The widely reported rumors that Hoover was a cross-dresser are almost ignored, probably for the best. There is no actual evidence to support these dubious claims. But the topic of Hoover’s suspected homosexuality is very much a focus of J. Edgar. In fact, another problem with the movie is just how schizophrenic it feels as it switches between reenacting actual events and speculating about Hoover’s relationship with colleague and friend Clyde Tolson (Armie Hammer). It’s hard to take the scenes that occur behind closed doors seriously, as they are purely the product of speculative imagining. While Black’s screenplay doesn’t exactly “out” Hoover as being gay, it definitely takes the stance that he and Tolson were lovers. I don’t personally care either way, I just don’t like such great liberties taken when portraying a historical figure onscreen. Hammer, for what it’s worth, turns in fine work as Tolson, despite being saddled with comically bad old age makeup.
J. Edgar is an interesting looking film; extremely dark and shadowy. The Blu-ray presentation does an exemplary job of conveying that look. Sharpness is never lacking, even during scenes where most of the visuals are shrouded in darkness. This is about as close to black-and-white that a color film can get. The color seems to have been intentionally drained from the image. What is left – dark grays, blues, and earth tones – is solidly presented. Black levels are necessarily very deep and solid. Whether one agrees with the aesthetic decision by Eastwood his cinematographer Tom Stern, it’s hard to find fault in this transfer.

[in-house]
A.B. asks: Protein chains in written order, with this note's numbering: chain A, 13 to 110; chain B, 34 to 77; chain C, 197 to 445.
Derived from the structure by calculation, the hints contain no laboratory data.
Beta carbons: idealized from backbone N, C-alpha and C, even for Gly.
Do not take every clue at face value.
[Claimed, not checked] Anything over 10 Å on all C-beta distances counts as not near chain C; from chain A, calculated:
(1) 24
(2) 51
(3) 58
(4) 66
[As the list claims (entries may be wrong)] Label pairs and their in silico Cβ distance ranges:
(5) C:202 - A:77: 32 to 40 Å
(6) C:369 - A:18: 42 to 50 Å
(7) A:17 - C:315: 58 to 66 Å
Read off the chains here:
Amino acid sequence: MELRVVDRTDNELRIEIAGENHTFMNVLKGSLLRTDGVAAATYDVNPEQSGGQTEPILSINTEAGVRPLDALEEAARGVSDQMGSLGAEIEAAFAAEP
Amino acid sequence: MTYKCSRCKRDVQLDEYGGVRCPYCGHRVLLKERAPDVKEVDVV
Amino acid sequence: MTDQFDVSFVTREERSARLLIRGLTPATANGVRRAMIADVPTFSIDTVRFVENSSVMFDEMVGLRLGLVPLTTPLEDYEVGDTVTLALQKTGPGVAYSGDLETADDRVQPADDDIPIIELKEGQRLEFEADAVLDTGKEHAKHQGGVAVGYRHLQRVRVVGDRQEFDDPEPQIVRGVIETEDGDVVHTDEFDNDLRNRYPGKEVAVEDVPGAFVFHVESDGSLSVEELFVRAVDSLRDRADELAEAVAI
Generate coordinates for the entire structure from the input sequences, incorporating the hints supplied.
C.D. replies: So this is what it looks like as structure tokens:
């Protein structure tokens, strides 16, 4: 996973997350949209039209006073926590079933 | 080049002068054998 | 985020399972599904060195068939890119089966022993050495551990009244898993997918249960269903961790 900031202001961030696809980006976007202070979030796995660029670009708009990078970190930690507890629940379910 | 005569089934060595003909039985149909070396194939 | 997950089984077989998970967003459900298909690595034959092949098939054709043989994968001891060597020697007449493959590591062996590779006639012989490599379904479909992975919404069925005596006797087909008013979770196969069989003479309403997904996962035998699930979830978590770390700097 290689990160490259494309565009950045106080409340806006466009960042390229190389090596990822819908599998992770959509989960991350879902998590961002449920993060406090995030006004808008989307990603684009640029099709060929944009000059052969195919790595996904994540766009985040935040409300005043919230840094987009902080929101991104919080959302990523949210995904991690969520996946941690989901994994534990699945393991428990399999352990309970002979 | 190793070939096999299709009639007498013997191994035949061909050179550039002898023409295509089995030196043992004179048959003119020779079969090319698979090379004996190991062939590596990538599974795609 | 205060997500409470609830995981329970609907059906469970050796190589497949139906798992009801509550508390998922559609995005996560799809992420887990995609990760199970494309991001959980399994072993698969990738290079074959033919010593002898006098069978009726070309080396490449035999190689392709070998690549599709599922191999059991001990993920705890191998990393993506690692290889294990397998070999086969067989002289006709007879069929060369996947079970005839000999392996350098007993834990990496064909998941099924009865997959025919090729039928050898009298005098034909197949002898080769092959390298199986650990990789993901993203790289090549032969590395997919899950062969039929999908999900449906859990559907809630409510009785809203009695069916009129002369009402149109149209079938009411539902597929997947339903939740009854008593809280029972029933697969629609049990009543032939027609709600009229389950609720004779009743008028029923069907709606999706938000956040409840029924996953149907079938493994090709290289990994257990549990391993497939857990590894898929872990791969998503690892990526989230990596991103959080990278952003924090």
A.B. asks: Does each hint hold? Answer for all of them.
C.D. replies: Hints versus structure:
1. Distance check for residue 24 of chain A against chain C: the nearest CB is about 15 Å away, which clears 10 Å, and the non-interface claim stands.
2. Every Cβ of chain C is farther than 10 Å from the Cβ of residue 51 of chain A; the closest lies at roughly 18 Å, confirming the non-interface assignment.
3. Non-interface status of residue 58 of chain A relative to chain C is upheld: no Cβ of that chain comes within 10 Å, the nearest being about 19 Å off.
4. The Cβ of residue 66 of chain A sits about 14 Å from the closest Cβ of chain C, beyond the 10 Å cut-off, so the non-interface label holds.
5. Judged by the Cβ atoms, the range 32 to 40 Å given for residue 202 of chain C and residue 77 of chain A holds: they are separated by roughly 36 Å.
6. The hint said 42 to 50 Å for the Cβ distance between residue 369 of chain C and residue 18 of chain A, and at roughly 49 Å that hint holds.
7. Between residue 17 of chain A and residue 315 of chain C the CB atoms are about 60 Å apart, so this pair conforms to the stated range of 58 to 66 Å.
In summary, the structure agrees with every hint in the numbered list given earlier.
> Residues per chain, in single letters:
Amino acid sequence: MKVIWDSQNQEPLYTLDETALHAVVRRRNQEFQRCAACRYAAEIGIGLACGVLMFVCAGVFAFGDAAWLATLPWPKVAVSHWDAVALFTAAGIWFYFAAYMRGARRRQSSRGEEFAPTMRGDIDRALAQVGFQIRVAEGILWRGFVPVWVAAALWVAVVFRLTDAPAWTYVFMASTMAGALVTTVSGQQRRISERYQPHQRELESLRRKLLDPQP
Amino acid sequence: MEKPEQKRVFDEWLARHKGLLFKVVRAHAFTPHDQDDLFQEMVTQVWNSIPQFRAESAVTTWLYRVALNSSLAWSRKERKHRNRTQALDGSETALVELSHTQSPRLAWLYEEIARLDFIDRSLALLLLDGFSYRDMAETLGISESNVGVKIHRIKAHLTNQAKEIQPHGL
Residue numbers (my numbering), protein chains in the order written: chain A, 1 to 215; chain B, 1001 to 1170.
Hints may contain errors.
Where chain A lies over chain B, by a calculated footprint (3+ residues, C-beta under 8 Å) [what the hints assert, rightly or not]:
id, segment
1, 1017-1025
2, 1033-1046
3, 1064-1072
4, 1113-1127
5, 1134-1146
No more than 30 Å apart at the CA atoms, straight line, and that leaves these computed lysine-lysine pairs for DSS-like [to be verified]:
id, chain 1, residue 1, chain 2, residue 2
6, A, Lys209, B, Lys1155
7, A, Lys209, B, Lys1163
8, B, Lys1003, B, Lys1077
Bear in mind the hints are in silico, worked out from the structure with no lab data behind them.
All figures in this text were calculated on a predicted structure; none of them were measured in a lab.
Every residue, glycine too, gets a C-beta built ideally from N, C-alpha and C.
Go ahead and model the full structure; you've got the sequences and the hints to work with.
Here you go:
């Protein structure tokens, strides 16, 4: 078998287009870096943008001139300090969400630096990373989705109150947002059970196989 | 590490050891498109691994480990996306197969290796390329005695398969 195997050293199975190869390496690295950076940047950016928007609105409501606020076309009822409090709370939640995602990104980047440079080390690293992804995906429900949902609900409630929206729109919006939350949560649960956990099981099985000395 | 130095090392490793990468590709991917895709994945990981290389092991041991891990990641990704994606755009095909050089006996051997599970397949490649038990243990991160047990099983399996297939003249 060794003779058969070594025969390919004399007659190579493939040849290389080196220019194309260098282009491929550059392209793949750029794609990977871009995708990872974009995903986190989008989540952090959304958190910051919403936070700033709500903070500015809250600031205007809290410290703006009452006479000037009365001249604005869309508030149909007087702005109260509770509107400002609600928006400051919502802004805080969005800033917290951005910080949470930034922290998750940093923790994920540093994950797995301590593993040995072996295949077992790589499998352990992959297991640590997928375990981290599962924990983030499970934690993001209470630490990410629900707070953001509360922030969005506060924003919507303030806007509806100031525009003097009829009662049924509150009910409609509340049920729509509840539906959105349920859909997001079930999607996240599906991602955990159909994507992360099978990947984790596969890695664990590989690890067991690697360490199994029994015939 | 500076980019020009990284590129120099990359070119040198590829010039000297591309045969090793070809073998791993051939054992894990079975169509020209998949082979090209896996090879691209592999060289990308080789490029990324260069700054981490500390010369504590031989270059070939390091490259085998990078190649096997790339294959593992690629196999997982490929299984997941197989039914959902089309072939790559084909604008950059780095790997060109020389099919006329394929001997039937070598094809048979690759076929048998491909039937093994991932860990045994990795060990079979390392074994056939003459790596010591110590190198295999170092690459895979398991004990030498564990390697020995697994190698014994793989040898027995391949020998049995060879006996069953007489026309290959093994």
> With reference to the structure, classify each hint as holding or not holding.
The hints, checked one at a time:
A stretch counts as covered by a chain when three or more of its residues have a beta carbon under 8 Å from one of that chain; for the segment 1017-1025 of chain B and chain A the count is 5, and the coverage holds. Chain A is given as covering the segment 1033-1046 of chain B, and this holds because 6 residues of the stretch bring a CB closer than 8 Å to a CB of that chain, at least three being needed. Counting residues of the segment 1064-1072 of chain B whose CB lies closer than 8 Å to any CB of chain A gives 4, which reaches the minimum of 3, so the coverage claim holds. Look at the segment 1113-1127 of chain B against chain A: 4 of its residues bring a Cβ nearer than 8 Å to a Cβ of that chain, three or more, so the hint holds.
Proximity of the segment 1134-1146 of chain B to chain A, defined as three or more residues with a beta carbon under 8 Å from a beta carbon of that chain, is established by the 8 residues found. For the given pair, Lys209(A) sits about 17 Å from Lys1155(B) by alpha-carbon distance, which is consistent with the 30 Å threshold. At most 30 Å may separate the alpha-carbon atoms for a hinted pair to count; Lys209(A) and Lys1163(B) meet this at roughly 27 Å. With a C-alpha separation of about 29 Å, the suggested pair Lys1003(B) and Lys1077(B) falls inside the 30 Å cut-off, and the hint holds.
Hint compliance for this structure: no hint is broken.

The DTS-HD Master Audio 5.1 mix is a great example of the use of contrast in sound. Most of the movie is very subtle, with clear, intelligible dialogue dominating the proceedings. The score is appropriately balanced, never overpowering quiet scenes of people simply talking. But when it needs to shake things up, the track gets the job done. A gigantic explosion at private residence early in the film had me almost literally jumping out of my seat. The LFE channel rumbled impressively, while the rear channels featured distinct shattering sounds. Other scenes taking place outdoors, such as those involving the search for the Lindbergh baby, crackle and pop with activity in all channels. While J. Edgar is mostly a sedate audio experience, the sound design is well represented.